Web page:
The House of Hapsburg reaped undeserved advantages from Wallenstein's death. His army passed under the command of the emperor's son, Ferdinand, king of Hungary. It was joined by the Spanish troops from Italy, which Wallenstein had tried to exclude. Thus strengthened it advanced to the relief of Bavaria, where the troops of the Heilbronn League were wholly inferior. At Nordlingen, Bernhard of Saxe-Weimar induced his cautions colleague Horn to risk a battle, in which they were wholly routed and Horn taken prisoner (September, 1634). Nordlingen did for the Catholics of the south what Breitenfeld had done for the. Protestants of the north. The work of Gustavus was undone, and almost the whole of Southern Germany fell into the hands of the imperialists.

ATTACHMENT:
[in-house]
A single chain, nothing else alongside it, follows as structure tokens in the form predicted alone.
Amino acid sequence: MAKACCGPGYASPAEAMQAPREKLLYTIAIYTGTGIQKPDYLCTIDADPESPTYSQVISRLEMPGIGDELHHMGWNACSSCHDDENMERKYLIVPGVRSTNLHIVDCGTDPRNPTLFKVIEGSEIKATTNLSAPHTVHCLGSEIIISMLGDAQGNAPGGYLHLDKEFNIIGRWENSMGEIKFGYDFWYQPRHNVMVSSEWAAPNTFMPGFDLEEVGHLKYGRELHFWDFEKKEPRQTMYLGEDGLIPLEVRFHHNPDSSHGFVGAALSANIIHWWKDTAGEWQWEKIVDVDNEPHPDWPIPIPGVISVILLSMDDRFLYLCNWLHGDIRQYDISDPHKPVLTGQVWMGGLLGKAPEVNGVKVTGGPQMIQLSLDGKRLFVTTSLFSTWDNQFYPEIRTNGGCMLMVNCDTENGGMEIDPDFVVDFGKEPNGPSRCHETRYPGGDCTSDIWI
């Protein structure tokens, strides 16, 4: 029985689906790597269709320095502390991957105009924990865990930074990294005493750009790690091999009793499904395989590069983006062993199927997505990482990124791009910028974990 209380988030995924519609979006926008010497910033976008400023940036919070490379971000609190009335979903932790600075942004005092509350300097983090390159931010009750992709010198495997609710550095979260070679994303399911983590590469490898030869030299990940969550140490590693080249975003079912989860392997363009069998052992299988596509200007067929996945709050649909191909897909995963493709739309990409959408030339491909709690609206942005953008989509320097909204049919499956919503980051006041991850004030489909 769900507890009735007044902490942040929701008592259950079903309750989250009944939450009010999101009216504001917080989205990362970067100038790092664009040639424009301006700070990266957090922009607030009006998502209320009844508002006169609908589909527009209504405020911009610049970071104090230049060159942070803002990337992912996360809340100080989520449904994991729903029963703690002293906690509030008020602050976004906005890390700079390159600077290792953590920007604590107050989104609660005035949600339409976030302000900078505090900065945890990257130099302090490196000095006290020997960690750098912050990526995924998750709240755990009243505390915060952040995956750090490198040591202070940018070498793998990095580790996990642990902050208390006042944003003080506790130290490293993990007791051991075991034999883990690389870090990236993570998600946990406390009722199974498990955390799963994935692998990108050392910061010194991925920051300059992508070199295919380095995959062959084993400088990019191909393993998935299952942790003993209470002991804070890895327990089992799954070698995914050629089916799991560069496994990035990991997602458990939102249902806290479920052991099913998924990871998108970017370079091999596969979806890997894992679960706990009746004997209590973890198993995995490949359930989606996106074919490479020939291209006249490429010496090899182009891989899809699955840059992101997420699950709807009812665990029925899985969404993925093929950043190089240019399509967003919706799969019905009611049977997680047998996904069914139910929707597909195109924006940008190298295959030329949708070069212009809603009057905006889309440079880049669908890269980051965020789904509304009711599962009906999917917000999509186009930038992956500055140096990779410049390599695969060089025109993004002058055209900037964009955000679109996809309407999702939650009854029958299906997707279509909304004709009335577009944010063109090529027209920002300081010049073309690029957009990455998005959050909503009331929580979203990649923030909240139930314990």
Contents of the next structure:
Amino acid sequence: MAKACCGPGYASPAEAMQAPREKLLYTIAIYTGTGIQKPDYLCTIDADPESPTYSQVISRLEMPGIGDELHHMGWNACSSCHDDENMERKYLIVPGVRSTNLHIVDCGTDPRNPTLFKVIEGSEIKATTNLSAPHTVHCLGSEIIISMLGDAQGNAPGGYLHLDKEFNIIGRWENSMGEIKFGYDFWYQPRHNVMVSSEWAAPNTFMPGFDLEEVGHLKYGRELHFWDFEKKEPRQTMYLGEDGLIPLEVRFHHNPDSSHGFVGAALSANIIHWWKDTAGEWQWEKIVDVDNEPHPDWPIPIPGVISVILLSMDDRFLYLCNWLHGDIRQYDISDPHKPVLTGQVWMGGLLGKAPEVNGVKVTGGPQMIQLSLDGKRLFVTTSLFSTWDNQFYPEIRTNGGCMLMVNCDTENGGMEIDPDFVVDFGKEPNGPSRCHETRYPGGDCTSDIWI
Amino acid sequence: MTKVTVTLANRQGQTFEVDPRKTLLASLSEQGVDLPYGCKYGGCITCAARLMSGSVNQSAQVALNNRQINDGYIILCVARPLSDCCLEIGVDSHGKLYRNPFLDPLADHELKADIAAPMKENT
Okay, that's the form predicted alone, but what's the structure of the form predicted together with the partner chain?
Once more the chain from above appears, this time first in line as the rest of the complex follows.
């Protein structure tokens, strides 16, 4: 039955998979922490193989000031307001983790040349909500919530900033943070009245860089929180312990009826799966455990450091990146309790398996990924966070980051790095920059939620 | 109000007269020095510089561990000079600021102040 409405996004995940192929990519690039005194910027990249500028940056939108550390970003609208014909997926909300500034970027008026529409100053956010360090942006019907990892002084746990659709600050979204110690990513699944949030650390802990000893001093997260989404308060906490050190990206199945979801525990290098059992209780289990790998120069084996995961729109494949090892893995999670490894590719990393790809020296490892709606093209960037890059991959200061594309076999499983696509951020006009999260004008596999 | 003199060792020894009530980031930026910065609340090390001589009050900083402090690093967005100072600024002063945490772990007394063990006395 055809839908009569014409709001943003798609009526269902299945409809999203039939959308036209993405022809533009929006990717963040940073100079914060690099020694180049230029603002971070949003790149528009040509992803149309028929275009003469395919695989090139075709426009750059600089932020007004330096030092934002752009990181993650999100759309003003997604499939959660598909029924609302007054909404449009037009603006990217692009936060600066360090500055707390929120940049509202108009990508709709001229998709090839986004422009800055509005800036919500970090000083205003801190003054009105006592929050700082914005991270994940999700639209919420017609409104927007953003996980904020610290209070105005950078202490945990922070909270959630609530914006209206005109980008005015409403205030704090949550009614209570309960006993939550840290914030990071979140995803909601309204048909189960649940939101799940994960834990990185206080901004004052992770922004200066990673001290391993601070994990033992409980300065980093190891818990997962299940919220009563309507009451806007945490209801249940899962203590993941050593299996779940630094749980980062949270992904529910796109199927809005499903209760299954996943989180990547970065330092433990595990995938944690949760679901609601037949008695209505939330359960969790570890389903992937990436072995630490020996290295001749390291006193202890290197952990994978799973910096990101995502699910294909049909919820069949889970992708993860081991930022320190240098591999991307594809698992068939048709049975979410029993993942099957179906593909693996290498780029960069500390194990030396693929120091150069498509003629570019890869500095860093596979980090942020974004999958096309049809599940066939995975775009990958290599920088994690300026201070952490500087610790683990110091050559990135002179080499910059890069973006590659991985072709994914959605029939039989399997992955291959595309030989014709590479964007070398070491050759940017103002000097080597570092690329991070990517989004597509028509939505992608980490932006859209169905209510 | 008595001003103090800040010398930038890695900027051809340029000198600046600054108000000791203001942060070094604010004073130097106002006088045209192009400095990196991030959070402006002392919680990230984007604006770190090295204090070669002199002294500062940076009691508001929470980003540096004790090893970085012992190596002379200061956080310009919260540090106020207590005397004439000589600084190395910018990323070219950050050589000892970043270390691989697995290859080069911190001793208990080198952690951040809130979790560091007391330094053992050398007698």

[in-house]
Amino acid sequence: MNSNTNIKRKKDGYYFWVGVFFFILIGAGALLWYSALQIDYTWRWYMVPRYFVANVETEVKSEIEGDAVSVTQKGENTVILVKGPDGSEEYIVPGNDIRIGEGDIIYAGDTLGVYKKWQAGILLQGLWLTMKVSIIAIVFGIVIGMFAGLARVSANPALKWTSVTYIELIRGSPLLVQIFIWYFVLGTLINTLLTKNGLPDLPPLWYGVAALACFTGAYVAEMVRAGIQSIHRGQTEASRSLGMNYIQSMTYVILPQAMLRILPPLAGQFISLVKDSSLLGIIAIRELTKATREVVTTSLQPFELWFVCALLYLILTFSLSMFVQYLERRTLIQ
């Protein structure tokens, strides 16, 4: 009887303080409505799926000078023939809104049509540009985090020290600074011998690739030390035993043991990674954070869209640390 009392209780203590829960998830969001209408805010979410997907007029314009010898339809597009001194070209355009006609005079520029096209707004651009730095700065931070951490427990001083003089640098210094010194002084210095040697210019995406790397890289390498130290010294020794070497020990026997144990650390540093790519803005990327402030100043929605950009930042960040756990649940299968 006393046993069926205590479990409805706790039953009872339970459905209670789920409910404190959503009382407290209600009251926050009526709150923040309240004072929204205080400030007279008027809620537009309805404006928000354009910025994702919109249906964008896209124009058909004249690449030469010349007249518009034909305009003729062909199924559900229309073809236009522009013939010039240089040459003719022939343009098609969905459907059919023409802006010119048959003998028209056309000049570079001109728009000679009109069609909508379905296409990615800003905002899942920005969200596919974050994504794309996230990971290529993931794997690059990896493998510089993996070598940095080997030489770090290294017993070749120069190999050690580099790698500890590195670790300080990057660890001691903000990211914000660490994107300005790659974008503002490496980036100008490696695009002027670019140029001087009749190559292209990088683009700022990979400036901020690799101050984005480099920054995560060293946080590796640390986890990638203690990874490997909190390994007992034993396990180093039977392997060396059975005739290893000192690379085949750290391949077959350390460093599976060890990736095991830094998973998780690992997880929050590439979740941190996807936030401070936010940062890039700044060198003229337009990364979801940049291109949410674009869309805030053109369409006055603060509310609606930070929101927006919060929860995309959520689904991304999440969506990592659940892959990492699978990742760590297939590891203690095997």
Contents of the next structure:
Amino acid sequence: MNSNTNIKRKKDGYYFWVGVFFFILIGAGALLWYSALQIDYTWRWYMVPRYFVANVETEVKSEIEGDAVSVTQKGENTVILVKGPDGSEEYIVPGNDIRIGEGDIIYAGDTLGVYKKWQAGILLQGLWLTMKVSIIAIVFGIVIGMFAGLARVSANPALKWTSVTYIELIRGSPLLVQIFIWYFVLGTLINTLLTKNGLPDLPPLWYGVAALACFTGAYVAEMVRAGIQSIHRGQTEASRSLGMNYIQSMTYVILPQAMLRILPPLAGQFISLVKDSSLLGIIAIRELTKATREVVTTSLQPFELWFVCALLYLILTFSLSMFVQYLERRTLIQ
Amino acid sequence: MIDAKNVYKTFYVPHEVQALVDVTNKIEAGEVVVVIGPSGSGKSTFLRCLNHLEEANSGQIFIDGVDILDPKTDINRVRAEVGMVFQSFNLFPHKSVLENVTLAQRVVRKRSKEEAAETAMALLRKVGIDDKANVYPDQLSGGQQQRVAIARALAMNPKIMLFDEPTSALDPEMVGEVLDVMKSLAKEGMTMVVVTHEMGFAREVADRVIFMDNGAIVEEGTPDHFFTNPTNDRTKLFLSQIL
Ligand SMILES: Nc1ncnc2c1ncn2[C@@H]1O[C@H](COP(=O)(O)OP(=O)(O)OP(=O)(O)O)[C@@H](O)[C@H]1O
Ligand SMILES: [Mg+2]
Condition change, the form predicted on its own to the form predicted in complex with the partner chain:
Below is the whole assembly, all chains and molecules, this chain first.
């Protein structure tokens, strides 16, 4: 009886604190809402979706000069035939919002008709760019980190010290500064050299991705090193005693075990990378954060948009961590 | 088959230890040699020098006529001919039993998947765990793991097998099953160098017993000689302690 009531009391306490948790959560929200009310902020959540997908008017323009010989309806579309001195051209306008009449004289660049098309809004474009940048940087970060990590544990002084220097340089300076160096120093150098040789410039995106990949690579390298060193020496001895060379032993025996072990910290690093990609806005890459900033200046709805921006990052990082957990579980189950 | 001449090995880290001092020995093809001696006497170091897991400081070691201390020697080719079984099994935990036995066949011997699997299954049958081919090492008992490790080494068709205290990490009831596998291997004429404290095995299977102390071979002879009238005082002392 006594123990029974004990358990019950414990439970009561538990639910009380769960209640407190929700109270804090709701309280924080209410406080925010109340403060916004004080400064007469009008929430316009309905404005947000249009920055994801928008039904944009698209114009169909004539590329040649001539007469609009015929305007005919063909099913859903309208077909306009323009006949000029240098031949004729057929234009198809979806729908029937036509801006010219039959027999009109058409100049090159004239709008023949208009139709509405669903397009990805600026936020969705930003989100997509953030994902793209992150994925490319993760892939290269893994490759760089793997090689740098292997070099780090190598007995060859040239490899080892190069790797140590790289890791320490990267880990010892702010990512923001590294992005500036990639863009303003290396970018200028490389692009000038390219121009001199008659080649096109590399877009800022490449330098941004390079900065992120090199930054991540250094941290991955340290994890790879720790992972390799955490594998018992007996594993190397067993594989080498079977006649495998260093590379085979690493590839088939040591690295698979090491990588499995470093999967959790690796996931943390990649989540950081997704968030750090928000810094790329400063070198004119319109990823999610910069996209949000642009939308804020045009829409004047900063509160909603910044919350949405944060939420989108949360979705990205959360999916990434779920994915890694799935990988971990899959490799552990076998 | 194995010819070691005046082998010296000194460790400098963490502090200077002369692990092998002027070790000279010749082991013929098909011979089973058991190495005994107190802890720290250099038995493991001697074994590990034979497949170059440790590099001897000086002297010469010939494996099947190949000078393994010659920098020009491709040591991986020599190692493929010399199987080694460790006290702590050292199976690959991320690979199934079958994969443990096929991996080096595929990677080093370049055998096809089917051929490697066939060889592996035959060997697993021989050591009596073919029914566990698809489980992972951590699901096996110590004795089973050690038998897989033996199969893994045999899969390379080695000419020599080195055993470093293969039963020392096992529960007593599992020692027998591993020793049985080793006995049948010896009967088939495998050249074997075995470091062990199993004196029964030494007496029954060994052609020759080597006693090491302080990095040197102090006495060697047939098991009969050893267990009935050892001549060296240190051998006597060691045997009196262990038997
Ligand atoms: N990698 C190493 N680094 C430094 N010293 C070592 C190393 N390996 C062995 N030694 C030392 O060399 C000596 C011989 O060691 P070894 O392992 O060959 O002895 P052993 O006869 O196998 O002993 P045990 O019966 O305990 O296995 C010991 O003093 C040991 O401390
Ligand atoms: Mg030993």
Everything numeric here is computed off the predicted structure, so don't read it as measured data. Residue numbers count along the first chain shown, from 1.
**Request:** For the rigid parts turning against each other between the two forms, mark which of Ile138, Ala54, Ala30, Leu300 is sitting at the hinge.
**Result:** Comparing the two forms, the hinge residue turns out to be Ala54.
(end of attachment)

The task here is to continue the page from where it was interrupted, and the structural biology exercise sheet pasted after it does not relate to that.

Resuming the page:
The first great result of the battle of Nordlingen was to throw the defeated Protestants into the arms of France. Richelieu's object was at last obtained, and French influence tends to supplant that of Sweden. Oxenstiern was forced to cede the fortresses of Elsass to France, and thus to commence that dismemberment of the empire, which Gustavus had hoped to avoid. War between France and Spain was declared in 1635. Another great result of the battle was the treaty of Prague. John George of Saxony was more than ever averse to the war. If he hail been jealous of the Swedes, he was far more so of the French. The negotiations which Wallenstein's death had interrupted, were resumed. Ferdinand had learnt some wisdom from adversity, and was willing to give up in fact, though not in word, the Edict of Restitution. The year 1627 was to replace 1552. All bishoprics held by Protestants at that date were to remain in their hands. The Calvinism were excluded from the treaty, which could not therefore be permanently satisfactory. Such as it was, however, it was accepted by most of the Protestant states, and the great conflict might have ended in 1635, but for the foreign interests that had become involved in it.